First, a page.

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HM Treasury issues Consultation Paper on 5MLD

02 May 2019

Due to an increase in terrorist activity across Europe and the revelation of the Panama Papers in 2016, the incoming Fifth Money Laundering Directive (5MLD) follows hot on the heels of the Fourth Money Laundering Directive. Scheduled to come into effect in the UK from 10 January 2020, the HM Treasury has now released a Consultation Paper (CP) seeking industry views on the proposal for the 5MLD transposition in UK law.

With less than 12 months to go, regardless of whether you intend to respond to the CP, you should be considering what impact the proposed changes will have on your business and whether your approach to financial crime risk management is sufficient.

Contact us to arrange a meeting to discuss how this is likely to affect your business here.

Financial Action Task Force recommendations

While some of the proposals put forward in the CP have already been well publicised, the Treasury have also sought to include recommendations arising from the Financial Action Task Force (FATF) Mutual Evaluation Report (published in December 2018). As such, the Treasury is seeking views on whether these changes are codifying existing practice or are more substantial, and whether they will be of genuine value in reducing Money Laundering and Terrorist Finance. 

Below, we have highlighted some of the key areas you need to consider.

Customer Due Diligence and Enhanced Due Diligence

The CP includes the proposal to make certain changes to Regulation 28 of MLR, in response to FATF MER, including:

  • Reasonable measures: Regulation 28 of MLR currently states that “reasonable measures” must be taken to verify key information of a corporate body. However, FATF Recommendation 10.9 places a full obligation that this information is verified, and HM Treasury are proposing to amend regulation 28 (3) and mandate the determination and verification of this information.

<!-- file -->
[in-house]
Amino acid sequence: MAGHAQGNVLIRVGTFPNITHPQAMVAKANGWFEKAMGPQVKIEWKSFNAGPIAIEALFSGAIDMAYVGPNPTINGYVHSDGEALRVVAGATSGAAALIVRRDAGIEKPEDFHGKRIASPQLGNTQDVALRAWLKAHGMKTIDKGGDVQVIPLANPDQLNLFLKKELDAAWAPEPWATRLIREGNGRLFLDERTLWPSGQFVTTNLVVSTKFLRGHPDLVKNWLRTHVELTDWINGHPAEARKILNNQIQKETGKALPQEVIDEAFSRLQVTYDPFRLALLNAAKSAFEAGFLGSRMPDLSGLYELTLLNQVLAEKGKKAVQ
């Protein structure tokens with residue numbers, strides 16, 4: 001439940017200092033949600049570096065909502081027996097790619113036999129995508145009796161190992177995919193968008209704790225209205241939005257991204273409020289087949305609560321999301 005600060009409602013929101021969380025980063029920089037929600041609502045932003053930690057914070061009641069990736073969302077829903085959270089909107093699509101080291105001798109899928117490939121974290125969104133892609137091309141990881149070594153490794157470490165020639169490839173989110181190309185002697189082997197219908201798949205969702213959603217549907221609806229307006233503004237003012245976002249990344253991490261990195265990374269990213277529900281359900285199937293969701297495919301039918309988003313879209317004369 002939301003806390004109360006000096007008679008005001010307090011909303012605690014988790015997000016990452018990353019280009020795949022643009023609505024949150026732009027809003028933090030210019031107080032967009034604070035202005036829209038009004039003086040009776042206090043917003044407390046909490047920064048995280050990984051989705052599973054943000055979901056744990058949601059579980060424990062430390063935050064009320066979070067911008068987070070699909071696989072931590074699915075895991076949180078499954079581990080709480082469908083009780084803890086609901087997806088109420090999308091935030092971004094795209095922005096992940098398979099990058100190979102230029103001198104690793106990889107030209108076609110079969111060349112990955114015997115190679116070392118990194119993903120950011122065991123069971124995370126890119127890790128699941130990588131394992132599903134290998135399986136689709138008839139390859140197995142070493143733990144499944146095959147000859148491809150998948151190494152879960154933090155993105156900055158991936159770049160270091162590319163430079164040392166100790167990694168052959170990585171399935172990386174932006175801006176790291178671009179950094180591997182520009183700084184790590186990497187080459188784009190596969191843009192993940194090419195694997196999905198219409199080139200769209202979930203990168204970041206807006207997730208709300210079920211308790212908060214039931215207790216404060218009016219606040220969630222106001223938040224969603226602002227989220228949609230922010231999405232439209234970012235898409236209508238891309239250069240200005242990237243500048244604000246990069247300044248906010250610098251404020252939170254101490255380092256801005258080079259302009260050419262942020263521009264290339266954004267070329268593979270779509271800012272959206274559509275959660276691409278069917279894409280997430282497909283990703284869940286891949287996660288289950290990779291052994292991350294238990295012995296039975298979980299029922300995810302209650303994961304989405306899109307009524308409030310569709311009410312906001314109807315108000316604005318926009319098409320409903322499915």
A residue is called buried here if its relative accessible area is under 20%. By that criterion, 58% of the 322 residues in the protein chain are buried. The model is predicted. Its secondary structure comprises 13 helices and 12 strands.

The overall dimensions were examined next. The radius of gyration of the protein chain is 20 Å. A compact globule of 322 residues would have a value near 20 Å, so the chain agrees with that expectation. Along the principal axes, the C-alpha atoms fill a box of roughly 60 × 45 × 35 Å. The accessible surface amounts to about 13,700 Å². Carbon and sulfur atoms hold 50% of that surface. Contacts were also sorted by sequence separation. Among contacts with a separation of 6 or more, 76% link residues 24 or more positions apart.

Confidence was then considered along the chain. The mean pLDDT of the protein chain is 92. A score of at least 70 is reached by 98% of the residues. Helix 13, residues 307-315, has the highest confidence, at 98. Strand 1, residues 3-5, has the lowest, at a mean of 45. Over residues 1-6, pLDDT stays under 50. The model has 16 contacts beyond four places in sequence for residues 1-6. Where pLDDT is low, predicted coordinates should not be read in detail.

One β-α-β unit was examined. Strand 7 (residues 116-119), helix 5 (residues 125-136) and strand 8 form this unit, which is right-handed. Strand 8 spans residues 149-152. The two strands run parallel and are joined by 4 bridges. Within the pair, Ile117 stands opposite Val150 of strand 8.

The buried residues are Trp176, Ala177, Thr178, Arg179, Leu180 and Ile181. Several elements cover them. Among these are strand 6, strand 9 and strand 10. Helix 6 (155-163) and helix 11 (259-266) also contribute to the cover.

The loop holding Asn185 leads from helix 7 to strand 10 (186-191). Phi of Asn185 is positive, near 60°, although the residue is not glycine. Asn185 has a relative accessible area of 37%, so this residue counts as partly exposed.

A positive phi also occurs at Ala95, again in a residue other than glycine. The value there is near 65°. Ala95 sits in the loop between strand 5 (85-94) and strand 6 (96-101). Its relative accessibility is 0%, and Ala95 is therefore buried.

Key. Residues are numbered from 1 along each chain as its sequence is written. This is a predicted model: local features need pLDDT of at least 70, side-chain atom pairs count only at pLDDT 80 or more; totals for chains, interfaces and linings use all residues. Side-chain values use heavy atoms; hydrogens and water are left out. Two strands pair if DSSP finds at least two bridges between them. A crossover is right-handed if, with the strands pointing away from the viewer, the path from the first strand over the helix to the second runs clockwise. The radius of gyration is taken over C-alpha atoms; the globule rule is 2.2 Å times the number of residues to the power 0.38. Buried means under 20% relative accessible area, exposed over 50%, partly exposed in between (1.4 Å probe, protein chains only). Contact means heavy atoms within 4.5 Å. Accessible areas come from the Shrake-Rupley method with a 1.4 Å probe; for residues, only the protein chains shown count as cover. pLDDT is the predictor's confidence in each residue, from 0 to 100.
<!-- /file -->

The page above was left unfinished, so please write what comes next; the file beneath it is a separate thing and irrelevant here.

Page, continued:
• Requirement to understand: FATF recommendation 10.8 states that a relevant person should be “required to understand the nature of their customer’s business and its ownership and control structure”. At the moment, this is only implicitly laid out within MLR, therefore HM Treasury proposes to explicitly include such a provision for relevant persons to understand this information as part of their Customer Due Diligence (CDD) obligations.

The Treasury is also seeking opinion on changes to article 33(6) of MLR in light of the FATF MER:

  • Beneficiary of a life insurance policy: FATF Recommendation 10.13 states financial institutions should be required to include “beneficiary of a life insurance policy” as a relevant risk factor when determining whether to apply EDD measures. This is not explicitly covered in the MLR and the treasury is seeking views on the potential impact of implementing this change and the value it might bring.

Beneficial ownership requirements

5MLD introduces further changes to the requirements for obliged entities in verifying the identities of customers or beneficial owners. This includes, when entering a new business relationship with a company, or trust, that is subject to beneficial ownership registration, the obliged entity must collect either:

  • proof of registration on the register;
  • an excerpt of the register.

The Treasury envisages updating the MLR to address this requirement, but only in relation to the establishment of a new business relationship, avoiding any need for firms to apply this requirement retrospectively.

Beneficial ownership information

5MLD extends the requirements for member states to maintain beneficial ownership registers for corporate and other legal entities by introducing a requirement to ensure the beneficial ownership information is accessible to the public. The UK meets this requirement already for most legal entities through the publicly accessible Register of People with Significant Control (PSC), held at Companies House.